It’s a sign of the times. There are lots of distressed spas on the market right now. Many of these spas look like real bargains, selling for pennies on the dollar of their replacement cost. How is a potential buyer to know what the business is really worth?
Valuing a business is both a science and an art. The science includes the valuation formulas that are typically used. One valuation formula is “multiple of earnings.” Earnings include net profit, but it’s typically adjusted upward with “add backs,” things the business owner has written off that are primarily for their personal benefit, such as their salary, a car or business-with-pleasure travel expenses.
The art? That’s the value of the business relative to the buyer’s opportunities. Strategic value is just one of these considerations. For example, if you already own a spa and you’re considering the purchase of a second spa in a nearby town to expand your brand, and you can leverage an existing back office, that business may have more value to you than to the buyer who’s starting from scratch.
Is the seller using a business broker? If so, the “book,” or sales documents for the spa, should be filled with important data that will help you assess its real worth. There’s also a lot of fluff in there, but the numbers are the most important.
The financial statements should tell you much of what you need to know–that is, if they’re in good shape. A spa that’s for sale is probably losing money, so expect to see that reflected in the profit and loss statements. If things look too rosy, ask to see a P & L that has not been recast for the sales package, so you can understand what the add-backs are quickly. (The business broker should have this information at his or her fingertips anyhow.) We want to know what the spa has really been doing in the last year. Previous years were probably better–but that’s not terribly relevant these days.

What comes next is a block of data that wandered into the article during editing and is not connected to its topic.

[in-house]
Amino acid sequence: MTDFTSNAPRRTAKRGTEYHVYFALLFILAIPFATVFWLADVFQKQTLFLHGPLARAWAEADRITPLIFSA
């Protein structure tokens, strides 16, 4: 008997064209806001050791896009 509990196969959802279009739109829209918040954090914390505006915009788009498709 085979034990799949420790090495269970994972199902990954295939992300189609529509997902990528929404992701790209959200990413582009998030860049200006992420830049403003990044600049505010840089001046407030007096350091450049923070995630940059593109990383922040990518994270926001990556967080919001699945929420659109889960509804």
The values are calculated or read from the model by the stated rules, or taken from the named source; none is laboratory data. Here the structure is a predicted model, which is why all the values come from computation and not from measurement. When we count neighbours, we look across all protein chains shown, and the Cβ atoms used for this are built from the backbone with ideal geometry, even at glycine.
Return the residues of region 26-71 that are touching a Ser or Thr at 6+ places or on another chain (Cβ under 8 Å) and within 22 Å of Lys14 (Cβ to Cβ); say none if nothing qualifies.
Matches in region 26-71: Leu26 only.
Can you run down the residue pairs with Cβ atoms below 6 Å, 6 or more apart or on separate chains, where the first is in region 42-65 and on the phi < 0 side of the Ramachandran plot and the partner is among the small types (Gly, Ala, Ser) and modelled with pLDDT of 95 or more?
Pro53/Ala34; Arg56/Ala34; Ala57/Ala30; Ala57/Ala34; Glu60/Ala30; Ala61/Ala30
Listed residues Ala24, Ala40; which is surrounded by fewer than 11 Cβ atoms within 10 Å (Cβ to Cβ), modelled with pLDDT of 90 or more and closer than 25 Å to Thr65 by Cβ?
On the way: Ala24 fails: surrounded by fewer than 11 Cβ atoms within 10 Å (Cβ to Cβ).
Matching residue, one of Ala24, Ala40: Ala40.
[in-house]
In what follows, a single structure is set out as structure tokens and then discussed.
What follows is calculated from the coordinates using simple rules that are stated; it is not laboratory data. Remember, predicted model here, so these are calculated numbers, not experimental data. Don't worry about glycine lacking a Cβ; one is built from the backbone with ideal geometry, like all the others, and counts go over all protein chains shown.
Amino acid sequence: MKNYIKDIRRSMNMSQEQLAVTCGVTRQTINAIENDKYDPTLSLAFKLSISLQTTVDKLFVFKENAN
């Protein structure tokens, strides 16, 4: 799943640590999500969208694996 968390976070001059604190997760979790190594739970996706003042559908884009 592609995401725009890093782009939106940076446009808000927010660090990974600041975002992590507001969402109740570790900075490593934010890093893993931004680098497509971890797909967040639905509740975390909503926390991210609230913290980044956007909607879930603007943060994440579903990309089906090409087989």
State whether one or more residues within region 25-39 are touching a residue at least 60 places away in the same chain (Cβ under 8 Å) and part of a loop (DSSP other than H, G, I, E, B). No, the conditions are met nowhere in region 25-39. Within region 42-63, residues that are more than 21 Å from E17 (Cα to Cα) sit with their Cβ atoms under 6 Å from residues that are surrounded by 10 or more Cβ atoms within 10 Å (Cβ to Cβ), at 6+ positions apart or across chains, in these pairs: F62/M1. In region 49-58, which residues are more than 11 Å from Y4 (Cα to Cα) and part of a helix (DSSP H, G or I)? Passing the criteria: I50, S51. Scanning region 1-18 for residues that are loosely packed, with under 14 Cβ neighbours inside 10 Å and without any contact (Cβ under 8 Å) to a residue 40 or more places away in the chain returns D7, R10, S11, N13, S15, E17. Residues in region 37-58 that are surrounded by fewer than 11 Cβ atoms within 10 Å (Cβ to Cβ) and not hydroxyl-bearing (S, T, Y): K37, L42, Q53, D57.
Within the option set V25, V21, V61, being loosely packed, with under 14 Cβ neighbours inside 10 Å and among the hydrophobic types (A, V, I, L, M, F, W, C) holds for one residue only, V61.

Once the add backs have been calculated, you might see a small profit. Here’s the sad news for that seller, and for you as the future owner: spas generally sell for 2-3 times earnings (profits.) My brother in law, who’s in biotech, on the other hand, can sell his company for 18 times earnings. Spas and salons (and most personal services businesses) are at the low end of the scale when it comes to valuation.
That’s right; a salon with a net operating profit of $50,000 may sell for $100,000, but a biotech company with the same earnings could fetch $900,000.
It’s not just our low profit margins that dampens value, but the flighty nature of our workforce. Plenty of spas and salons that are sold lose a substantial number of their service providers. Spa and salon employees spook easily, often not waiting around to see if a new owner will actually improve things. As we know all too well, even the loss of one good employee with a strong following can mean a substantial drop in revenue, as clients follow them elsewhere.
Of course, it’s not just profit, but the balance sheet, that will determine the valuation of the business. The business is worth less if its assets are outweighed by its liabilities. One potential source of liability is unredeemed gift certificate/gift cards. You must be confident that the documentation of this liability is complete–and it often isn’t.
If you are simply purchasing the assets of the spa (an Asset Purchase), such as its lease and its equipment, and don’t plan to use the business name, you don’t have to assume its liabilities, including gift liability. Even so, it may be a good marketing idea to redeem gift liability in part or in full, on a voluntary basis and for a limited term. The value of the goodwill generated will probably exceed the hard cost of redemption.